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The Ayurveda Solution to Type 2 Diabetes
Excerpt

Glossary of Terms for The Ayurveda Solution to Type 2 Diabetes: A Clinically Proven Program to Balance Blood Sugar in 12 Weeks by Jackie Christensen PhD and Pat Crocker

Ayurveda

  • the science of life, functional healthcare system that originated in India

Prameha

  • the Ayurvedic perspective on type II diabetes

Vata

  • bioenergetic dosha of wind, its main functions are movement, transportation and communication

Pitta

  • bioenergetic dosha of fire, its main function is metabolism, digestion, and transformation

Kapha

  • bioenergetic dosha of earth, its main function is to provide structure and cohesiveness to the body

Virechana

  • Ayurvedic purgation therapy, used in detoxification to regulate blood sugar

Pancha Karma

  • five cleansing actions used in Ayurvedic detoxification

Dosha

  • bioenergetic principle that determine a person’s constitution. There are three doshas: vata, pitta and kapha

Madhumeha

  • sweet urine or glycosuria, a type of prameha

Khavagunya

  • a weak tissue in the body

Jack Fruit

  • tropical fruit that possesses anti-diabetic properties, has a texture like shredded pork or chicken

Bitter Melon

  • also known as bitter gourd, is a unique anti-diabetic fruit that can be used as food or an herbal supplement. It has a very bitter taste

Yoga

  • a system of physical, mental and spiritual practices in which a person uses to achieve health and wellness

Gymnema Sylvestre

  • herb with a broad range of therapeutic effects for T2D also known as the “sugar destroyer” in Ayurveda because it has the ability to reduce cravings for sweets

Tulsi

  • an Ayurvedic herb used to reduce stress and inflammation

Triphala

  • herbal formulation of 3 fruits: amalaki, bibhitaki, haritaki, used as a rejuvenator

Chandraprabha Vati

  • means “glowing moon”, it is an herbal formulation that reduces general debility and stress and increases physical strength

Ayaskrit

  • herbal formulation used to reduce the oxidative stress that contributes to insulin resistance and the pathogenesis of T2D
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The Living Kitchen

The Living Kitchen

Nourishing Whole-Food Recipes for Cancer Treatment and Recovery
edition:Paperback
also available: Hardcover
tagged : cancer
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Excerpt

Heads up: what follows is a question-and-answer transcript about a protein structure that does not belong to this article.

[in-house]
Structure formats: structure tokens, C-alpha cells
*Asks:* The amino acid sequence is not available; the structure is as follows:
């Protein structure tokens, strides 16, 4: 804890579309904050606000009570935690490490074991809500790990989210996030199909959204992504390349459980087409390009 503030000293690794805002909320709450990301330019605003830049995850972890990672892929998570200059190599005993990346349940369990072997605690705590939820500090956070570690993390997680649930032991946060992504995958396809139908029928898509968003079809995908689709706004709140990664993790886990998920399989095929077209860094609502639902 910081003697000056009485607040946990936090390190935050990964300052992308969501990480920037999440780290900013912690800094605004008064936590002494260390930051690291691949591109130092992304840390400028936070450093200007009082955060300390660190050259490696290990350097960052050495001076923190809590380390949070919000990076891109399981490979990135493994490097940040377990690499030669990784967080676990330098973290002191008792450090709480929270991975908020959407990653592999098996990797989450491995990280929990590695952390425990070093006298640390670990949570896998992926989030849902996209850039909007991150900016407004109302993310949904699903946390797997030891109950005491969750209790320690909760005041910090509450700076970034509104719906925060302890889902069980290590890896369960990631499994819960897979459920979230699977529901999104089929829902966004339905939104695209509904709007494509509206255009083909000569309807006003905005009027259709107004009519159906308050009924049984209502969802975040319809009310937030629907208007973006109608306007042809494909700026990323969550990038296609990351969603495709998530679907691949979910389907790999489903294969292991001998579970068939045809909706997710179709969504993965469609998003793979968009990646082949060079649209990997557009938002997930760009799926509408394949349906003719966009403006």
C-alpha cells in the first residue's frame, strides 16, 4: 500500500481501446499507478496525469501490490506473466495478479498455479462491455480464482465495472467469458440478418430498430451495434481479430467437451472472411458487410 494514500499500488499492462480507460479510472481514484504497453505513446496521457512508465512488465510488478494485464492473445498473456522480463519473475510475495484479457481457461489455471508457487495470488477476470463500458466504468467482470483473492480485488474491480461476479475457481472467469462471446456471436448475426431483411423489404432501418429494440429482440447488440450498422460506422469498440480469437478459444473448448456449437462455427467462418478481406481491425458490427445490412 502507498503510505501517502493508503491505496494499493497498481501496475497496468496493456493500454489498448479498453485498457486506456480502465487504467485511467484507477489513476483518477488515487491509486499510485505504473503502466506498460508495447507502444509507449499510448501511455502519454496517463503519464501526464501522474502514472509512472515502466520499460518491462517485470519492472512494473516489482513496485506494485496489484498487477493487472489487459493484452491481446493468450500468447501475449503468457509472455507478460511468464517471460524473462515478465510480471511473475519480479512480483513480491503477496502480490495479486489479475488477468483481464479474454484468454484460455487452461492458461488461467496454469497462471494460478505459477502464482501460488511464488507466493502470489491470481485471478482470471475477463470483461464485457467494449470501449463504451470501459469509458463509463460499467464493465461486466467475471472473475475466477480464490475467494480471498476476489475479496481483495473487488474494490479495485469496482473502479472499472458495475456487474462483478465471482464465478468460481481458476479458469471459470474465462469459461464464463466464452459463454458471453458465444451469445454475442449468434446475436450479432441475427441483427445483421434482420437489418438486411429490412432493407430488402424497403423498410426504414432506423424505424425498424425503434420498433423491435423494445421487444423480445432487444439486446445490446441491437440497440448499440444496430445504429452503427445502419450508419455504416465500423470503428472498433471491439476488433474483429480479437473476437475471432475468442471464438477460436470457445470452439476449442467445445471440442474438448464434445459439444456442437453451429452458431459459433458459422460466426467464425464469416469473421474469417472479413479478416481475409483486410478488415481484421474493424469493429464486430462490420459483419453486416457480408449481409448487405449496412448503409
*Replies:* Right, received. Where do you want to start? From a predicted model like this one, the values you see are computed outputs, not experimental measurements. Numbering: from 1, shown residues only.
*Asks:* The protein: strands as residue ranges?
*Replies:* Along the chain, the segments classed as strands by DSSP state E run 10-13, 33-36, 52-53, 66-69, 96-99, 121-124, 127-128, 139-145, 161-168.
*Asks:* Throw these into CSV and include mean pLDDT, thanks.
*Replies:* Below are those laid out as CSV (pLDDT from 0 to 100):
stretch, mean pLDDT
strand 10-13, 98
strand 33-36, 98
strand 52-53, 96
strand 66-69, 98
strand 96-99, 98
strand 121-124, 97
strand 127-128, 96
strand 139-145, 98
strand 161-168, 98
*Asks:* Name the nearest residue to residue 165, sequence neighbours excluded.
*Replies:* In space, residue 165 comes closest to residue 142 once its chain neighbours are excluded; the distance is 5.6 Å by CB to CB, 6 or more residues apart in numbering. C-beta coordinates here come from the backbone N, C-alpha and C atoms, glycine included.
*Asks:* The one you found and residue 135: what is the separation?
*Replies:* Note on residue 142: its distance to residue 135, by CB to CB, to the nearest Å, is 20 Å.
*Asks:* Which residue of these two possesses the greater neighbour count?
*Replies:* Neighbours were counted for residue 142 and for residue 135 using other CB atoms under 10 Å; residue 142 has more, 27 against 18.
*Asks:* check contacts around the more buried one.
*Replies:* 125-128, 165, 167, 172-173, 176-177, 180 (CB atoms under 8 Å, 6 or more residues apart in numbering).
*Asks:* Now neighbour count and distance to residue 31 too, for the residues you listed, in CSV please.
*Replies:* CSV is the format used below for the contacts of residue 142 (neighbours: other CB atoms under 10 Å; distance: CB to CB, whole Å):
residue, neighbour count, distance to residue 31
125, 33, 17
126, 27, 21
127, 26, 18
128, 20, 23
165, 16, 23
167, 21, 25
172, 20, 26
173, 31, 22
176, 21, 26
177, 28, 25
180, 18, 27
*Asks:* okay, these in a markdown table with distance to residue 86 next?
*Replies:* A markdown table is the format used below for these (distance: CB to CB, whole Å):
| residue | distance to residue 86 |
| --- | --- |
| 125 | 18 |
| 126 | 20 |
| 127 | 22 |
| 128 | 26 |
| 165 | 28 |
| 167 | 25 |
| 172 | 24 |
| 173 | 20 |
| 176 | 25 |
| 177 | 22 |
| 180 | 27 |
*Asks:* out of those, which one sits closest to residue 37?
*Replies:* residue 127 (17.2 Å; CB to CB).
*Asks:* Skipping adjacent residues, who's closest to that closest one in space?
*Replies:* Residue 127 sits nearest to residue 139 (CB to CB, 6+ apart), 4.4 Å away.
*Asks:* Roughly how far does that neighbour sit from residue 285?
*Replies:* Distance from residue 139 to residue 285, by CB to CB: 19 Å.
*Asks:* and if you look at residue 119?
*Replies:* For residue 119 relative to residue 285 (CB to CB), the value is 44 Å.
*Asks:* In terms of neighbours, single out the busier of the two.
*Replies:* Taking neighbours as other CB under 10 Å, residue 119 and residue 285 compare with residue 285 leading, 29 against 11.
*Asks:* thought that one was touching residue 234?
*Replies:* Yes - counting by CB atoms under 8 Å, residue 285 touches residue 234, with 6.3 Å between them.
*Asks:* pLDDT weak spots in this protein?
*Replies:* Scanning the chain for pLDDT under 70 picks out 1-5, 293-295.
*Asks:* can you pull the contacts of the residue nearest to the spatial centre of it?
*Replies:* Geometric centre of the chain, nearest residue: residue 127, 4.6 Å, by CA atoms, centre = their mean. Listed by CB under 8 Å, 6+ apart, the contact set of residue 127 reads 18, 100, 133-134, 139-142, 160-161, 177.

PROPER NUTRITION IS KEY
Hearing the words “You have cancer” is an overwhelming and scary experience. During this time, you and your loved ones will work closely with your health care team to figure out the best plan for you. Regardless of the treatment, be it surgery, chemotherapy, radiation, or alternative therapies, supporting your body through your diet is essential. Proper nutrition can help keep your body strong as it undergoes intense therapies to kill cancer cells, and what you eat can mitigate common side effects like nausea, loss of appetite, and fatigue. Colorful vegetables and fruits, healthy proteins, and good fats possess antitumor, antiangiogenesis, antioxidant, anti-inflammatory, and antimutagenic properties. This means that many of the foods you can eat have powerful anticancer nutrients that work to support your health and recovery. These foods act synergistically with each other and with treatments to help speed up recovery time and make some therapies more effective.

SAFE, SUPPORTIVE, AND NOURISHING RECIPES
The recipes in this book are designed to be easy to prepare, wholesome, and delicious. They are meant to be enjoyed by you, your loved ones, and caregivers. We have created this book to feed everyone. What you eat right now, following your diagnosis or during treatment, is important for your health and recovery. But we believe that eating should not be an added stress on top of everything else you’re going through, so we want to make it as simple and as tasty as possible. Our recipes work with all types of treatments and are intended to lessen side effects, as well as guide you on what to eat before, during and after cancer.

Medical treatments can be effective at killing cancer cells; however, they also harm normal cells in the process. This harm is what leads to side effects (hair loss, nausea, vomiting, constipation, diarrhea, dry mouth, taste changes, suppressed immunity, low white and red blood cell counts, and fatigue) in the areas of the body where there is constant and normal cell division, growth, and repair, like the digestive tract, mouth, hair, skin, and bone marrow. Please remember that everyone experiences symptoms differently and at different stages during treatment, so what happens to one person may not happen to you.

WHAT DO I EAT NOW?
The big question we get asked by our clients is “What do I eat now?” There is a lot of concern before and during treatment about what to eat, and many people are also concerned about what their families will eat while they’re off receiving treatment. We always encourage our clients to eat a plant-based diet that includes whole, unrefined foods made from scratch. And while we’ve seen different diets (such as vegetarian, ketogenic, and gluten-free) work for different people, as nutritionists, we don’t feel there’s one “best” diet. But we do know one thing: The common thread between all these different diets is the importance of eating an abundance of fresh produce. You’ll learn much more about what to eat during treatment in Chapter 2.

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